Terri Sullivan receives $2.6 million grant to study anti-bullying program
October 22, 2014
> Read an article about the study in Richmond Magazine.
> Read an article about the study in the Richmond Times-Dispatch.
Courtesy of VCU News
Terri Sullivan, Ph.D., an associate professor in the Department of Psychology in the College of Humanities and Sciences, received the grant from the National Institute of Justice to evaluate the Olweus Bullying Prevention Program, a school-based program that aims to prevent youth violence and bullying in middle schools across the country. A Virginia Commonwealth University professor has received a $2.66 million federal grant to study the effectiveness of an anti-bullying program in Richmond middle schools.
"We hope that this project will make a positive impact in each middle school that is participating with us on this project," Sullivan said. "Specific project goals include enhancing school climate and promoting school safety. We are also hoping to develop a model that can be sustained after the project is over and be used by other communities across the country."
The Olweus Bullying Prevention Program is offered in hundreds of middle schools, though Sullivan said few studies have evaluated its impact on schools in the United States.
The four-year grant will build on an existing research project by VCU's Clark-Hill Institute for Positive Youth Development, led by Albert Farrell, Ph.D., that has collected data from students and teachers about the bullying prevention program in two Richmond middle schools since 2010.
That project, which is funded by the Centers for Disease Control and in partnership with Richmond Public Schools, has been investigating changes in school climate, student behaviors and changes in the community that occur as the program is implemented at each school.
The new grant will allow the researchers to continue implementing the bullying prevention program in the two Richmond middle schools, as well as add a third school.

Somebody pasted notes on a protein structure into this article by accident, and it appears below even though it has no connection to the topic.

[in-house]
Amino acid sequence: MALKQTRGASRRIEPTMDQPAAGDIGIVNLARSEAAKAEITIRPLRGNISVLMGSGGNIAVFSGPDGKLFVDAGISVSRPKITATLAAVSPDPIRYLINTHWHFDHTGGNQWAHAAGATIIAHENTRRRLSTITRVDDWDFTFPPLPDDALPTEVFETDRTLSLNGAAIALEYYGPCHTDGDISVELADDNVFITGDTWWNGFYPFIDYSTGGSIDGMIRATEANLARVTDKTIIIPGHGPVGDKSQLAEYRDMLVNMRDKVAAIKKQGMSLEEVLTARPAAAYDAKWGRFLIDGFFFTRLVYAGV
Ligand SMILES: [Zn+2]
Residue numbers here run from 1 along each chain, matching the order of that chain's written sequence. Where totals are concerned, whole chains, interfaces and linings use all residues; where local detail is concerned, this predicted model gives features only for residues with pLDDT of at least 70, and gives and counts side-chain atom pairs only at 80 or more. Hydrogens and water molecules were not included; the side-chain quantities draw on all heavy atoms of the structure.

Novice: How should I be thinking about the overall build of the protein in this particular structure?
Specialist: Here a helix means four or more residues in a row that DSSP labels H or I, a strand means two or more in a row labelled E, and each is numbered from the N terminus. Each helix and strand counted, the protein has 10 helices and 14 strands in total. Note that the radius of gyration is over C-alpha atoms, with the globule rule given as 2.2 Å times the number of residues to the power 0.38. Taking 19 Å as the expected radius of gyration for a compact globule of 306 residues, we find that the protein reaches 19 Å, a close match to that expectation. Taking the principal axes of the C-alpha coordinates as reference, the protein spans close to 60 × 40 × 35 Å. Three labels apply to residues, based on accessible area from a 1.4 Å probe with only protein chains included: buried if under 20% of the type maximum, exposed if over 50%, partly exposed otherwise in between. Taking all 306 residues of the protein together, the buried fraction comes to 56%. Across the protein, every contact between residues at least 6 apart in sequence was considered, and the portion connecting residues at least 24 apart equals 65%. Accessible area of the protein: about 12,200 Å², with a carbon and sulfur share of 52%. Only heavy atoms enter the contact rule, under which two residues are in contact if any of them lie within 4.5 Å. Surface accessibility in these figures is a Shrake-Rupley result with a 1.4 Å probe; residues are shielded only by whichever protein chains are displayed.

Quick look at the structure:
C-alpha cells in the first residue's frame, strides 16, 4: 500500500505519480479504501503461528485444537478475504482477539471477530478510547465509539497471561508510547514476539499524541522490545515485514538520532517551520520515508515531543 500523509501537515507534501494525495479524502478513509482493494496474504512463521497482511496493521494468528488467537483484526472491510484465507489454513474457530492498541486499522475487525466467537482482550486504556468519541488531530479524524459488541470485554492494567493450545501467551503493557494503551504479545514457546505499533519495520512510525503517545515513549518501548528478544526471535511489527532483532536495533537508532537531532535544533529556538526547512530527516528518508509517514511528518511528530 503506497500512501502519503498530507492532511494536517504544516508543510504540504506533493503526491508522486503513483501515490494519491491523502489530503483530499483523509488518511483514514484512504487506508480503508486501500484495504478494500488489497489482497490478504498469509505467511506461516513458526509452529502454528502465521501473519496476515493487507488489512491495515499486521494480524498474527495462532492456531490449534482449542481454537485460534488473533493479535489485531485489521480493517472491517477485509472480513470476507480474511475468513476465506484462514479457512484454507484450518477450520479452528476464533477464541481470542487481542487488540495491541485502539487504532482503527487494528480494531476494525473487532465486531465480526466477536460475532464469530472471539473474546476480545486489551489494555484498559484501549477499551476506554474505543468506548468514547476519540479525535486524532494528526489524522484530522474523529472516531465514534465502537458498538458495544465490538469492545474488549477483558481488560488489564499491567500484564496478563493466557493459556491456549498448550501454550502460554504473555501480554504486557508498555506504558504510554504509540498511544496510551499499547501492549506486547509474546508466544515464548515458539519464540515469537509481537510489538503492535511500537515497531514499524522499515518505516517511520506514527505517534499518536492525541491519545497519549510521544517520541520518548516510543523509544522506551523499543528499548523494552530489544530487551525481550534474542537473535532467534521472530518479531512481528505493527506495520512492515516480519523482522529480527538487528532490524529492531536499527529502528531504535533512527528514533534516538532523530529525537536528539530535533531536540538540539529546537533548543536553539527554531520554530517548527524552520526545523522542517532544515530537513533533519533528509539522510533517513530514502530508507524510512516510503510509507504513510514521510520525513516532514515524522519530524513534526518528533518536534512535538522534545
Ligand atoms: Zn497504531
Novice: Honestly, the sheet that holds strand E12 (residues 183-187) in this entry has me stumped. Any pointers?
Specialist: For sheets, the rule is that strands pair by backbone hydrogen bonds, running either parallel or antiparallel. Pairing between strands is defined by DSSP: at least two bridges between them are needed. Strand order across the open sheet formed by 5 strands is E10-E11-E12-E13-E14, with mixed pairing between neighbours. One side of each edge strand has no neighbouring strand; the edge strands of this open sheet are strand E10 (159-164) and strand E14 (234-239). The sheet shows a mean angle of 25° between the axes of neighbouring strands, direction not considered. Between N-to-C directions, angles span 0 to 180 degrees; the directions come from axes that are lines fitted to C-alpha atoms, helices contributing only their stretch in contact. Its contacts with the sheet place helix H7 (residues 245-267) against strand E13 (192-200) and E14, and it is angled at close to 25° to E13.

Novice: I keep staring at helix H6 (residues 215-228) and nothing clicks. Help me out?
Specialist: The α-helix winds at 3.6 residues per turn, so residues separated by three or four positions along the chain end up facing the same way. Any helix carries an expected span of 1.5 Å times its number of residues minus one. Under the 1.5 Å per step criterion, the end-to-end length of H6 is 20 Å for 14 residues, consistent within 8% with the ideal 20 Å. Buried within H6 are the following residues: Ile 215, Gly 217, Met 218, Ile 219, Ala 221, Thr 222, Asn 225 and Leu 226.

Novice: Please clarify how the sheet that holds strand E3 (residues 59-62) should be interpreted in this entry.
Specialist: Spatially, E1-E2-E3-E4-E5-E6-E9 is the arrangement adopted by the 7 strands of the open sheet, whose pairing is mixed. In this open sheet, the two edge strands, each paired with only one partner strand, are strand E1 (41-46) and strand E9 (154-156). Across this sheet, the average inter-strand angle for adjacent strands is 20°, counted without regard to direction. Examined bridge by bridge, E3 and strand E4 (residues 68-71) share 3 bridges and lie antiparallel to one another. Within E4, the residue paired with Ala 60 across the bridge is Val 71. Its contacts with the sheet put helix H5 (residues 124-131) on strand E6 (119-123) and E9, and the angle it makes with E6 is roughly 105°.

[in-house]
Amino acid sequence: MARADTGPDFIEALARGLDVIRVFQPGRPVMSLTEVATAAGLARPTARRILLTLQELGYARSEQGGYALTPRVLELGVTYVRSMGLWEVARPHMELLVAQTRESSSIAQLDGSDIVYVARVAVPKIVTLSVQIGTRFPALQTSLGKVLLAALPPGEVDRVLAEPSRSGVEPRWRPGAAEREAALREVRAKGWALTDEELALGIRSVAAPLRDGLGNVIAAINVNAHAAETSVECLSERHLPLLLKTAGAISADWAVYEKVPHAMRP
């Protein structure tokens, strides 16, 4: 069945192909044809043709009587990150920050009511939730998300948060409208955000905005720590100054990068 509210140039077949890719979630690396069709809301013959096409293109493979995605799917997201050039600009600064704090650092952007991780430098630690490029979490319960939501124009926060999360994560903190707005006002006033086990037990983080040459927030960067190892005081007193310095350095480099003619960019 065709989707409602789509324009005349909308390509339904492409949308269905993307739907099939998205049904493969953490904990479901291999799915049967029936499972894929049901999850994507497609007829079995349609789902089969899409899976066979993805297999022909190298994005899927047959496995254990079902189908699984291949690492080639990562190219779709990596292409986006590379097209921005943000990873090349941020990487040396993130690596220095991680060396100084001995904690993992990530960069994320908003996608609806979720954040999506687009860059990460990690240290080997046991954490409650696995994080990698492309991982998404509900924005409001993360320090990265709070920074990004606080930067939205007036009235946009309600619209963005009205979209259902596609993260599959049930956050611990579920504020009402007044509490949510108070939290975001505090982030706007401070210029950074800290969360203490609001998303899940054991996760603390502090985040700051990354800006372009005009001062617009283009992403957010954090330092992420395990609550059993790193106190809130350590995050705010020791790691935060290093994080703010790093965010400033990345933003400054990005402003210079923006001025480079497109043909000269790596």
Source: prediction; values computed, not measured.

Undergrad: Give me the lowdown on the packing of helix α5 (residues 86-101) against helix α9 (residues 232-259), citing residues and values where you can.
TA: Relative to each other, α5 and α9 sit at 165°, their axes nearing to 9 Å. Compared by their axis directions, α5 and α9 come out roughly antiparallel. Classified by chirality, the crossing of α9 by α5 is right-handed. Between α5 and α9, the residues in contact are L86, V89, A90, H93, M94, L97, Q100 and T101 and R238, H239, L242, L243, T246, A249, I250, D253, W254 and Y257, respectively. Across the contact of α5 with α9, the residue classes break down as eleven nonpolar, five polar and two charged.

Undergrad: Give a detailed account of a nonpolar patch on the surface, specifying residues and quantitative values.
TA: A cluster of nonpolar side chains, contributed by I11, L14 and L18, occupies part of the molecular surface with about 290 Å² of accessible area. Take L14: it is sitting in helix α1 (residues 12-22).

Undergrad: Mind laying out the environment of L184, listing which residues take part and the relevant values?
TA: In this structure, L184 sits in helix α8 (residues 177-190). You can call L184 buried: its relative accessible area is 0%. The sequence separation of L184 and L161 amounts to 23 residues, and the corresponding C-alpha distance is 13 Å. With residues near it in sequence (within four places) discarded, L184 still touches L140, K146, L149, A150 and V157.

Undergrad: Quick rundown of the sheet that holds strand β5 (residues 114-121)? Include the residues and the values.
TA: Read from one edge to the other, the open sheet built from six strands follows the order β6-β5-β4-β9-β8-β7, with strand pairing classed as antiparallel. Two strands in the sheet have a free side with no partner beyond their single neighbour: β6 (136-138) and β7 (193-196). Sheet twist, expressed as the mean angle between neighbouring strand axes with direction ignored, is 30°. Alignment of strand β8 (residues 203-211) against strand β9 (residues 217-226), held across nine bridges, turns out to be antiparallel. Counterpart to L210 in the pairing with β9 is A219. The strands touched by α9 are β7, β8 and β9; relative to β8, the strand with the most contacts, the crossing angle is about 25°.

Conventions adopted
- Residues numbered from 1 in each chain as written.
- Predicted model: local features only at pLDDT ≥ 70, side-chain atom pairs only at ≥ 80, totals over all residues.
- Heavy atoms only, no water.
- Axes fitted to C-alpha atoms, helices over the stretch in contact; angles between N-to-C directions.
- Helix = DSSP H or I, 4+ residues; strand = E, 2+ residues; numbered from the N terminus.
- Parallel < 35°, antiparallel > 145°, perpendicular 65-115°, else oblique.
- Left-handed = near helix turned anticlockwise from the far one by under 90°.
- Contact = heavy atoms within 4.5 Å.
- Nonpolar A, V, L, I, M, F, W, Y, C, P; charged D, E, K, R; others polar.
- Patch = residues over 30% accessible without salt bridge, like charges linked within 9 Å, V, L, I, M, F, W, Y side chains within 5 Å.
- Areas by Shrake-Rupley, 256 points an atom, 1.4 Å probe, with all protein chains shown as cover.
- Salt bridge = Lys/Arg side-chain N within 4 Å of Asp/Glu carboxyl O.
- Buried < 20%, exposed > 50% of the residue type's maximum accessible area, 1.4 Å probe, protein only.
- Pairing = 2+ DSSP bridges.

"We will be able to look at changes in outcomes over time in the two schools where OBPP will have been implemented for five and six years, and to examine changes in outcomes that occur after implementing the program in the third school for three years," Sullivan said.
The new grant will also add a qualitative research component to better understand supports and barriers to implementing the bullying prevention program in these middle schools, and will also add a cost-benefit analysis of the program.
So far, Sullivan said, the bullying prevention program has been well received in the Richmond middle schools by teachers and administrators.
"The two schools where we have implemented the OBPP now have very active committees of school staff who are overseeing some of the day-to-day logistics of the program," she said. "Initial results have been encouraging."
As part of the project, undergraduate VCU students will assist with a variety of tasks, including observing teachers implementing the bullying prevention program, assisting with after-school student leadership programs, and helping with participant recruitment, data collection and data entry.
Graduate students at VCU will also contribute by working directly with the schools to assist with data collection and to help teachers and school staff with implementing the program.